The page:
Millennials' safe place to tell their beef story
by Wendy Jenkins, Director, Market Research – NCBA
The Millennial generation (born between 1980 and 2000) represents an important consumer demographic and as a result, research was conducted using a social media outlet to determine top-line issues related to beef for this age group.
An online discussion group was held on Facebook with a group of Millennials that met specific criteria in order to gauge their attitudes toward beef, as well as beef shopping habits, cooking knowledge and preferences and concerns about beef.
The results of this qualitative research demonstrate that this age group enjoys and likes beef, but they need permission to include it in their meal choices. Results also indicate Millennials need to be provided more information related to beef selection and preparation.
Millennials – rightly coined as those born between 1980 and 2000 – are the last generation to be born in the 20th century and first to hit adulthood in the new century. The term Millennials reflects the time in which this cohort was born, however, it also denotes the new beginnings that may arise from this generation. Others have named this generation as the “Net Generation” as they have never known life without the Internet or World Wide Web. Regardless of the name given, it is undeniably a group of consumers who need to be recognized.
The beef industry recently embarked on a new research project to reach these consumers – on their terms and in the location that they are most comfortable – Facebook! The objective of the study was to understand this generation’s relationship to beef, using a methodology that is part of how they communicate on a daily basis.
The research agency, TripleScoop Market Research, identified a group of Millennials on Facebook and asked them to participate in a six week long “discussion” about their relationship with beef. In order to qualify the respondents had to:
- Be between the ages of 13-30 years;
- Eat beef at least twice per week;
- Have some level of involvement in meal planning or preparation; and
- Use Facebook regularly (at least two times per week) and have at least 25 friends on Facebook.
Of those who agreed to participate, approximately 115 became study “Friends: on Facebook.” This meant they had met all the criteria listed previously, had provided appropriate contact details and were engaged in the group where the discussion would be held on a daily basis over the course of six weeks.
The next challenge was to ensure a good number of the respondents would be fully engaged in the discussion for the required six weeks. The “moderator” of the discussion was a Millennial himself, so the way in which the questions were posed and the dialogue progressed was non-intimidating and fun, encouraging involvement of all participants. Participants were incentivized along the way with drawings for iPods, gift cards and other prizes.
Of those who had agreed to participate and then continued along the six week ”Journey with Beef ” discussion, there were 66 Millennials who actively engaged and gave feedback on 27 Facebook posts. This was an average of 22 posts per participant.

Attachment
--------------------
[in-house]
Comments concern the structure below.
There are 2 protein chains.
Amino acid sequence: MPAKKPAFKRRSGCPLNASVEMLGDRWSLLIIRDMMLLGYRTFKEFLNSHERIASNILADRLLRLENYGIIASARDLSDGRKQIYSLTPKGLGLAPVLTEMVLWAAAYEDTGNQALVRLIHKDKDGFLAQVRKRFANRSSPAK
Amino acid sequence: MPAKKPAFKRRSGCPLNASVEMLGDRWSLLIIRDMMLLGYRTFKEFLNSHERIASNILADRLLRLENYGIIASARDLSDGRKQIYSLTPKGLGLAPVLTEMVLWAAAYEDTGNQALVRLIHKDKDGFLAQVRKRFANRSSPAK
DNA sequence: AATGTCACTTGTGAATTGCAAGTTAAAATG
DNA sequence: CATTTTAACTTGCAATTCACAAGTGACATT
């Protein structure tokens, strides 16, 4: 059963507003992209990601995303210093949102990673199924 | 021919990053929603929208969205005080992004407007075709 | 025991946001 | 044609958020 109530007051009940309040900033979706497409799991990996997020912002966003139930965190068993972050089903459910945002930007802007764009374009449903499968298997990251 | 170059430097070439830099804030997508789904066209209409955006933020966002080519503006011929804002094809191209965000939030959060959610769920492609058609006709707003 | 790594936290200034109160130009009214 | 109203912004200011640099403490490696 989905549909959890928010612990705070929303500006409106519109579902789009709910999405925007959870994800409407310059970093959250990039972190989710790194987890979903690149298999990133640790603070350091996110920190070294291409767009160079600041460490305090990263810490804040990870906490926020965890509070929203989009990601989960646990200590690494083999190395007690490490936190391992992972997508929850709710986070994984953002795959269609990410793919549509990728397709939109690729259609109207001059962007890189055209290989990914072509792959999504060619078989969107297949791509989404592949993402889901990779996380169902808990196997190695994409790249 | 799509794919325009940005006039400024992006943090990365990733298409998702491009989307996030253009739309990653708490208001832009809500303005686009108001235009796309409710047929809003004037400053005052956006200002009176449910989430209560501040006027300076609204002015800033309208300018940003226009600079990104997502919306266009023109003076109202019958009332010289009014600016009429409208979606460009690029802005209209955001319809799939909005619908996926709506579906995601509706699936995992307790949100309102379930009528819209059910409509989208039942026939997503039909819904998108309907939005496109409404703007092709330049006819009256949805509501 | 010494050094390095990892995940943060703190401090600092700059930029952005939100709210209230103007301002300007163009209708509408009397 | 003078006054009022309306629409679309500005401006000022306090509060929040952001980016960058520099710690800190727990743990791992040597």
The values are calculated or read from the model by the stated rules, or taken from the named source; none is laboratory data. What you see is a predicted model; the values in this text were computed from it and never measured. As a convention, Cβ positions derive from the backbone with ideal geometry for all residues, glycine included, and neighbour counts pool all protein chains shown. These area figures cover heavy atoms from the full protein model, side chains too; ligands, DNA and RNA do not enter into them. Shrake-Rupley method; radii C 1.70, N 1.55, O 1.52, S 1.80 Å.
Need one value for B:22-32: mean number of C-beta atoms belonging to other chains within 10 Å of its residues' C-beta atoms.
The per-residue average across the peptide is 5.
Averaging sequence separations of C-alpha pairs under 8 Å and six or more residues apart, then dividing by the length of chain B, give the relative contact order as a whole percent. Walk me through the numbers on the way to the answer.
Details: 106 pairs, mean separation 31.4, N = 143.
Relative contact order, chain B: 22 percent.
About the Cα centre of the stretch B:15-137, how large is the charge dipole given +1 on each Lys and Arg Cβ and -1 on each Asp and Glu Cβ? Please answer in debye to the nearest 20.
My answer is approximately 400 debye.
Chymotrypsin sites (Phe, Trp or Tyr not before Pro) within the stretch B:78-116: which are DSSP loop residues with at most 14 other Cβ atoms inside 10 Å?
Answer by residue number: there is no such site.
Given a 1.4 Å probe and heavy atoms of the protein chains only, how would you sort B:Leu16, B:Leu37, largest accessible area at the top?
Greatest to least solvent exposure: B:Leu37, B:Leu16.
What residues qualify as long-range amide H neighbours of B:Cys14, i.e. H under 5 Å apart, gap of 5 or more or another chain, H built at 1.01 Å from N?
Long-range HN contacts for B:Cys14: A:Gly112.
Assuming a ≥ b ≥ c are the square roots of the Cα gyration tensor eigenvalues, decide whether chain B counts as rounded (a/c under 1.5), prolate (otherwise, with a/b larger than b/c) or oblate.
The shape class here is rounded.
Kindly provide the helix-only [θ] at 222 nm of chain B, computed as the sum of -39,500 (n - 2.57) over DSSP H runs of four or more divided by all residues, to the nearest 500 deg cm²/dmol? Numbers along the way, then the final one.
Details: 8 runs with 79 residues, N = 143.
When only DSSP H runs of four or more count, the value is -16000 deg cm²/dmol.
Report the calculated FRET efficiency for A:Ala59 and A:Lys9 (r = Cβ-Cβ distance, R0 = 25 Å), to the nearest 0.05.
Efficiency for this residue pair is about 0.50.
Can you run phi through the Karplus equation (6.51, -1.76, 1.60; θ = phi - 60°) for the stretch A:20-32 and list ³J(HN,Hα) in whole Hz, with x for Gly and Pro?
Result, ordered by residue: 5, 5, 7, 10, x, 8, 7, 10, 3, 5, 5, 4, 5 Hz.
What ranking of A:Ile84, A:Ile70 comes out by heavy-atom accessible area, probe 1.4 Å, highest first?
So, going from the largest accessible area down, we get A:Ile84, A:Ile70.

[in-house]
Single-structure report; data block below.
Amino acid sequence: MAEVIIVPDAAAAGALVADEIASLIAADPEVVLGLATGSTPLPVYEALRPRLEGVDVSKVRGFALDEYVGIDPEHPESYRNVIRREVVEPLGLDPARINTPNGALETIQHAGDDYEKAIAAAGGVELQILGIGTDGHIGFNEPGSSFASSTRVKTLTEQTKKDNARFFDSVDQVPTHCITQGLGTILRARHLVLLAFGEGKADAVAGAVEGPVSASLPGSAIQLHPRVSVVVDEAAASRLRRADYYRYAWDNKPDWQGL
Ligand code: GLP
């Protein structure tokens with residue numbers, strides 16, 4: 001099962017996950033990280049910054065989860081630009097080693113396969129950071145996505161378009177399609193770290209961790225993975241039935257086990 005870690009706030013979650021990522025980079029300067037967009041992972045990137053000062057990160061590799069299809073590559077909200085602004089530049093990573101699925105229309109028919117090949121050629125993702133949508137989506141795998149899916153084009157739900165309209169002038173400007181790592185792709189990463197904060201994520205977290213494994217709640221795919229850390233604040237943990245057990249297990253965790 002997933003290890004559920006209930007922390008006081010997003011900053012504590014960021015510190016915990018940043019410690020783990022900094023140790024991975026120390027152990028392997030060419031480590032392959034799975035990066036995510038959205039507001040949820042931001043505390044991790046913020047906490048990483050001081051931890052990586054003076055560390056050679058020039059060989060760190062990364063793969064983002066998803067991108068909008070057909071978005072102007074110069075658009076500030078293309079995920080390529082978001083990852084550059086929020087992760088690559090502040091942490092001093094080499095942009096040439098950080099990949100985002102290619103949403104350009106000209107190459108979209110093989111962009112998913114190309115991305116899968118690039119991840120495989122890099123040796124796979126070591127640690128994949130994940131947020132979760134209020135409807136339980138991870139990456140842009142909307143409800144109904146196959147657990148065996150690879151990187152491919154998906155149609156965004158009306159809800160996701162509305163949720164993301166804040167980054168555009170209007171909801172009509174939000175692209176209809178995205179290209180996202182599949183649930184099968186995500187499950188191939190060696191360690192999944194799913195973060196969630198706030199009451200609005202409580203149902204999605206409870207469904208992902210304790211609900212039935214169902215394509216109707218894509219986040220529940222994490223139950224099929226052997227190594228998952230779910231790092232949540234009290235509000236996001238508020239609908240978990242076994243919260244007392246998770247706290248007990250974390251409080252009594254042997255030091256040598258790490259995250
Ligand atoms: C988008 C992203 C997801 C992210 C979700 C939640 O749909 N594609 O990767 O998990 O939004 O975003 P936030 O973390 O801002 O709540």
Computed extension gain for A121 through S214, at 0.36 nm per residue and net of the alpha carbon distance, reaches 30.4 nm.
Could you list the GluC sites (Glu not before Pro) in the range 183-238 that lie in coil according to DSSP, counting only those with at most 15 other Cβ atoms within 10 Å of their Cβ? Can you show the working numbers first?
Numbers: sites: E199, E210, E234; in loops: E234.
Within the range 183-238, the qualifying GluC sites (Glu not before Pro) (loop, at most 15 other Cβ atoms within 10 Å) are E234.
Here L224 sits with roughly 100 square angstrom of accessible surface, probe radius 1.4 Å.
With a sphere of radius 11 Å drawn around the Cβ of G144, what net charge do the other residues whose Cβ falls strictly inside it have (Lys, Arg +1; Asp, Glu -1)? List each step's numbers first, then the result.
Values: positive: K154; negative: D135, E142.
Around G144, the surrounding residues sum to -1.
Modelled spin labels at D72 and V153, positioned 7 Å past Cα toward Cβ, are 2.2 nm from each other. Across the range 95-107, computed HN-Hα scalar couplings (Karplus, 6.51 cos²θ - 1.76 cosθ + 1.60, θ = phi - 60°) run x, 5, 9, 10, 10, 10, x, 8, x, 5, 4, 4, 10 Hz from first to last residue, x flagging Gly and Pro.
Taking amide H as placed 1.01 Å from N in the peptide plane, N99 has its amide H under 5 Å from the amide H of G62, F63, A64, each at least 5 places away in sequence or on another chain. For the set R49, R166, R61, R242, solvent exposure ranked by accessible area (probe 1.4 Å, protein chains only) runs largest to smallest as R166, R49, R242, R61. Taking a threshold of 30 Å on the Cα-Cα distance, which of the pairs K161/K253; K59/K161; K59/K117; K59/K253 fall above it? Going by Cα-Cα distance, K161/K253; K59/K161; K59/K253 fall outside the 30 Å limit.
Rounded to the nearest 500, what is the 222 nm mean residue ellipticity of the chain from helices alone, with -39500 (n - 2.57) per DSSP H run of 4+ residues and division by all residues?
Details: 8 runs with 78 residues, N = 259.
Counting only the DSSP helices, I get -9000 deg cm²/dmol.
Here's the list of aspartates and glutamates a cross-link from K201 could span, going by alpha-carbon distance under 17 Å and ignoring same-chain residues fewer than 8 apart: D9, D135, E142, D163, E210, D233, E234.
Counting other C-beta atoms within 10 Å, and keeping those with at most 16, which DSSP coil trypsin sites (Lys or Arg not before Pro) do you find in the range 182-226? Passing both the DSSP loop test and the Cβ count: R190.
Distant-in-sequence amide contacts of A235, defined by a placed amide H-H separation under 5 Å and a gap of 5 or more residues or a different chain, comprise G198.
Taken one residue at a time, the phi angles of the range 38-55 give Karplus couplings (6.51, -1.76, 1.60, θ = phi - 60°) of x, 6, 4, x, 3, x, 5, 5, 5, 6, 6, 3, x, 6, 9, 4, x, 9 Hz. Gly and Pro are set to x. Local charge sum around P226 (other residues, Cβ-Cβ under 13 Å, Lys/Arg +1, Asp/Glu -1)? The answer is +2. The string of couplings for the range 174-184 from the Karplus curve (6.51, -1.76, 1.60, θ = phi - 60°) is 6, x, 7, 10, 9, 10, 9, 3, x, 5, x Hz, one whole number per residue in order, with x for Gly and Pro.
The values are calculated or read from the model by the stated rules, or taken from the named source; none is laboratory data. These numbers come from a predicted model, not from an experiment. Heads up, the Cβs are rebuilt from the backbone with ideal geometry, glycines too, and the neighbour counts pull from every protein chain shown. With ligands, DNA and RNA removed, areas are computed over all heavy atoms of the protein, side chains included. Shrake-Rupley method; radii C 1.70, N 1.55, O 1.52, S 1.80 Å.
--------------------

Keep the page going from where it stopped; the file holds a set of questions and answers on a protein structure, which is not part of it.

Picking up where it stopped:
A discussion guide was developed encompassing ”everything beef “ including:
- General attitudes towards beef – how does beef fit into your world?
- Shopping for and selecting beef – lean beef versus price tradeoff;
- Eating out for beef – favorite places to find beef you love;
- Cooking beef (including favorite beef recipes) and ingredients used with beef;
- Eating beef; and
- Concerns with beef including nutrition, production and safety.
Topics went out on the discussion board daily and respondents were fully connected to answering the questions as well as responding to other’s posts on the subject. This method allowed for a rich, colorful and dynamic dialogue between participants and the moderator, so much so that the moderator had only to pose the daily question and watch the dialogue progress from there.
Data on the Millennial generation show they are “technologically dependent.” They have known the world only during the time of the Internet and therefore are completely comfortable with this form of media and expression.
Three-quarters of Millennials have a social network profile such as Facebook or MySpace, compared to 50 percent or less for other generations. One-in-four Millennials have posted a video of themselves online compared to far fewer in other generations.
They use cell phones more, they text more and many do not even have a landline telephone. For these reasons, a group on Facebook, where they feel comfortable and would be willing to share their opinions and views in a “safe” environment was the best way to reach this cohort.
The overwhelming dialogue with this group of Millennials is that they do eat beef and they just need permission to eat it more often. They need help in understanding beef and how it can fit into their world today.
Some questions these Millennials wanted answers to include:
- How much beef is too much?
- How can they make sense of the “sea of red” at their local grocery stores?
- How and where can they learn more about the various cuts of beef?
- What recipes can they use that have beef as the ingredient?
Clearly, there is an educational opportunity with this group of consumers and an opportunity worth pursuing given their size of 80 million strong.
The project was successfully completed using a different methodology and one that works well with Millennials. The next phase of research with Millennials will likely be quantitative in nature in order to validate the findings from this qualitative Facebook study and help the beef industry share information that resonates with this group of consumers.